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Tuesday, 24 June 2014

Documents decision a setback for Del Mastro

Crown prosecutor Tom Lemon
At the beginning of court proceedings on Tuesday, June 24, the legal team defending Peterborough MP Dean Del Mastro and the official agent for his 2008 campaign, Richard McCarthy, was dealt a legal setback.

Judge Lisa Cameron had adjourned early on Monday as it had become impossible for the trial to proceed without having her rule on the admissibility of printouts of electronic documents. These are documents used by the crown that may or may not be entered as evidence, but that the prosecution wants to reference when examining its key witness, pollster Frank Hall.

“Yesterday was a good day for us,” Del Mastro’s lawyer, Jeff Ayotte, told La politica before proceedings began on Tuesday. “But in a trial of this length I have learned not to judge on the basis of one day.”

His comments proved prescient. Upon opening the proceedings Judge Cameron ruled that the Canada Evidence Act allowed for documents to be referenced if the creator of those documents was present and testifying under oath.

This was a setback for the defence, which spent most of the first day challenging the crown’s use of a binder full of printouts of emails and invoices when examining Mr. Hall.

Given that the defence had the right to cross examine the witness, Judge Cameron ruled that this was adequate protection from hearsay. It is usual in common law to disallow statements made out of court if the evidence is second-hand. If there are documents that were not generated by Mr. Hall, Judge Cameron ruled there would have to be further proof of their validity.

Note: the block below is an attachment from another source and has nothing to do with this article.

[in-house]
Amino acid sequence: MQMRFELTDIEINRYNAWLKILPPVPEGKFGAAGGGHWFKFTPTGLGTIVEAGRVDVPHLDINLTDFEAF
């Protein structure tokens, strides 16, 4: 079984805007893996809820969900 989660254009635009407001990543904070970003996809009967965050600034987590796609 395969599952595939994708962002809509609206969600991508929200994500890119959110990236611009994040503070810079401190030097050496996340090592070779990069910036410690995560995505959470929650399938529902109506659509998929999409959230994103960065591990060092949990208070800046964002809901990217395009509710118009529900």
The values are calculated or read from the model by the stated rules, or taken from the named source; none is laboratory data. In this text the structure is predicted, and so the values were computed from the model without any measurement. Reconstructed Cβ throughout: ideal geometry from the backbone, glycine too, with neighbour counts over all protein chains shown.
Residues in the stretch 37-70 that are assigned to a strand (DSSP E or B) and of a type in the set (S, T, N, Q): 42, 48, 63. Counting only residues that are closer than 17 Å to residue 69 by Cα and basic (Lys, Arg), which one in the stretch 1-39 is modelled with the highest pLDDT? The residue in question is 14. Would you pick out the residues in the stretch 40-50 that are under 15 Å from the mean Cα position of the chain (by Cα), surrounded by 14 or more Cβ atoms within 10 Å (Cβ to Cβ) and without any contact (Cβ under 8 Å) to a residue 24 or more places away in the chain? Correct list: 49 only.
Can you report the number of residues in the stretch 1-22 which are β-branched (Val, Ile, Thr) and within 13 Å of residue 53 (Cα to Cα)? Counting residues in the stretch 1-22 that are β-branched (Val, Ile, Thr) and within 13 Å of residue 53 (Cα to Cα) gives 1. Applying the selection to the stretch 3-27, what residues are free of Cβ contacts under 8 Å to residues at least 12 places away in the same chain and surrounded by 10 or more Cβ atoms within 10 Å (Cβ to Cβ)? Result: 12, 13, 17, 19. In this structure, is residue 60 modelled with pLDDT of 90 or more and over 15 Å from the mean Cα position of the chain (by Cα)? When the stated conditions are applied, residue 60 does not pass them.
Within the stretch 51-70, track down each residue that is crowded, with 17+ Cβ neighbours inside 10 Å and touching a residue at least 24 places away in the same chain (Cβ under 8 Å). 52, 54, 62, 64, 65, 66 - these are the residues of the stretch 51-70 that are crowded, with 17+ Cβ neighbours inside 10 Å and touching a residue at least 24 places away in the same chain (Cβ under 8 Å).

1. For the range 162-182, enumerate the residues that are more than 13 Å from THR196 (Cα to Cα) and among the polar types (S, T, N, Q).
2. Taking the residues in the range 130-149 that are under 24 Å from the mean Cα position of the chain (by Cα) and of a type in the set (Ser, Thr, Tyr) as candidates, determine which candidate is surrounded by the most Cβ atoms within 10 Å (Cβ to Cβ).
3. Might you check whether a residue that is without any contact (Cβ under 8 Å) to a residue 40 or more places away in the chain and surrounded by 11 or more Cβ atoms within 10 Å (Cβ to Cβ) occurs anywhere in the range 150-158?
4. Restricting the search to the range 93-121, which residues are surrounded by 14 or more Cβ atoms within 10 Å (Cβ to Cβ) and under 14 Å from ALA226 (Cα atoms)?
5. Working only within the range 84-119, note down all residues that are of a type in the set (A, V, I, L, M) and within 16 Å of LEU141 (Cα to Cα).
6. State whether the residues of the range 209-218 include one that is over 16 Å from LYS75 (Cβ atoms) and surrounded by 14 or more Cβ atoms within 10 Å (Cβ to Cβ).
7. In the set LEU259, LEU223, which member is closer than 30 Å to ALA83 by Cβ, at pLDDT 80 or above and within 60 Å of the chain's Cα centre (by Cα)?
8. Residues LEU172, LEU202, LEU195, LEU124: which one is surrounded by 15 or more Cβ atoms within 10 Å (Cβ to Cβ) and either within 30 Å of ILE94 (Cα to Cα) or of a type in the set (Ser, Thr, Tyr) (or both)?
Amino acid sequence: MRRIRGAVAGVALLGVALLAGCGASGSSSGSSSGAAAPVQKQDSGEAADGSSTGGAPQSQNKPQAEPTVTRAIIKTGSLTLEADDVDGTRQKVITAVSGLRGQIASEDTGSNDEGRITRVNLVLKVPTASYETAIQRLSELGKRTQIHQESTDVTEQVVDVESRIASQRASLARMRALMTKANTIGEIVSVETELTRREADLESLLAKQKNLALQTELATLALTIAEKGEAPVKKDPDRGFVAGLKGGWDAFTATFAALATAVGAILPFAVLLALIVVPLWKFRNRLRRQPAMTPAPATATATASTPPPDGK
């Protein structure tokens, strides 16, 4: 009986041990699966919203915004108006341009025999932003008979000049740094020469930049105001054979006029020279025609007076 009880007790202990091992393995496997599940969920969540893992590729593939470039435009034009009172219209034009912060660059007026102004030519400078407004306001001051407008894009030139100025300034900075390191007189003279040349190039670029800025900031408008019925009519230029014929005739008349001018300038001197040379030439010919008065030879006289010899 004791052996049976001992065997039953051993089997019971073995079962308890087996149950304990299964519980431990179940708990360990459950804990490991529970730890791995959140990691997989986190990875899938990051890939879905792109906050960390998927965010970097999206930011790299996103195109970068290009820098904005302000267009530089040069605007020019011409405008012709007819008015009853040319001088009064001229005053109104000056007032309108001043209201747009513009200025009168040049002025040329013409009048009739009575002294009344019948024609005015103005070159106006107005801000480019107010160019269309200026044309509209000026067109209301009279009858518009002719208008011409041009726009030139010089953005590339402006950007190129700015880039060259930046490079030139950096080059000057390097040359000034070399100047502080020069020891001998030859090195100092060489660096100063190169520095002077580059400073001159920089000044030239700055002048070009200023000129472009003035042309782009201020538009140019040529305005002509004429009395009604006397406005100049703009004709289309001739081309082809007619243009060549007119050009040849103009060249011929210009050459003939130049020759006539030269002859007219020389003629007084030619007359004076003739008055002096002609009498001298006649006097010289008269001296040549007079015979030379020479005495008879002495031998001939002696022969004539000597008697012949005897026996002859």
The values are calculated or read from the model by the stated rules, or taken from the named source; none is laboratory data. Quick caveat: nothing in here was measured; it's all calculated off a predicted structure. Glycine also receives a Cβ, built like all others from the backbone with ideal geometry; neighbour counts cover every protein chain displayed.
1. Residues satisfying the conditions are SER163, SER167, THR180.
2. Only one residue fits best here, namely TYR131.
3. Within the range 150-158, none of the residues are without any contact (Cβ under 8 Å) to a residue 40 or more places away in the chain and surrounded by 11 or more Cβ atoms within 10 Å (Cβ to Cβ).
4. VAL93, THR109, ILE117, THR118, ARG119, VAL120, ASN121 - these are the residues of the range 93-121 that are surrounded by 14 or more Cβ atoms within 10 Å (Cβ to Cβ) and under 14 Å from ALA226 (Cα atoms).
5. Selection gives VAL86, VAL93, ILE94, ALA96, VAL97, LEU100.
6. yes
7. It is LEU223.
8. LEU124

After the decision, crown prosecutor Tom Lemon embarked on a routine that would have made detective Colombo proud. His questioning of Mr. Hall, most of which centered on the confirmation of authorship of emails, was logical and coherent except for ongoing confusion due to the two sets of documents: those accepted as evidence, and those used by Mr. Lemon in his own binder to examine Mr. Hall (and which were subject to Judge Cameron’s ruling).

Lemon repeatedly lost track of where he was, miss-spoke (even once requiring Mr. McCarthy's counsel to stand and correct the record), and huddled with his assistant as he tried to sort out tab numbers and find the correct materials. Judge Cameron exhibited extreme patience and composure, even as Lemon gave her a copy of another document that was not included in his binder, only for this document to have text missing.

It is not sure if Lemon’s behaviour is a strategy to use up time, or to make the defence under-estimate him. What is clear is that, as Mr. Lemon himself stated, he is proceeding with an “abundance of caution”.

And we are beginning to see why. Early evidence suggests that the defence will argue a number of technicalities based on the timing of correspondence between Mr. Del Mastro and Mr. Hall.

This is because, in arguing that Del Mastro overspent in his 2008 campaign, and that he covered it up, the timing of payments will be critical. If it turns out payments were made before the writ was dropped on September 7, 2008 – (another fact Lemon got wrong when he said that the “election” was held then, only to be corrected by both Judge Cameron and the defence) – then Del Mastro could be in the clear.

So far, Hall has stated that his relationship with Del Mastro previous to the writ being dropped for the 2008 election was $6,128.86 spent in spring of 2007.

On Tuesday Mr. Hall testified that after the writ for the 2008 election was dropped on September 7, 2008, Mr. Del Mastro called him to enquire about voter ID and “get out the vote” services. This was after Mr. Del Mastro learned that he would not be included in the conservative Party’s Blue Plan, which offered assistance in contested ridings.

What followed were a number of phone calls, Hall testified, with an agreement for his now-defunct firm Holinshed to provide 630 hours of calling for $20,000, ($21,000 with GST).

(TE Wilson is the author of Mezcalero, a Detective Sánchez novel.)


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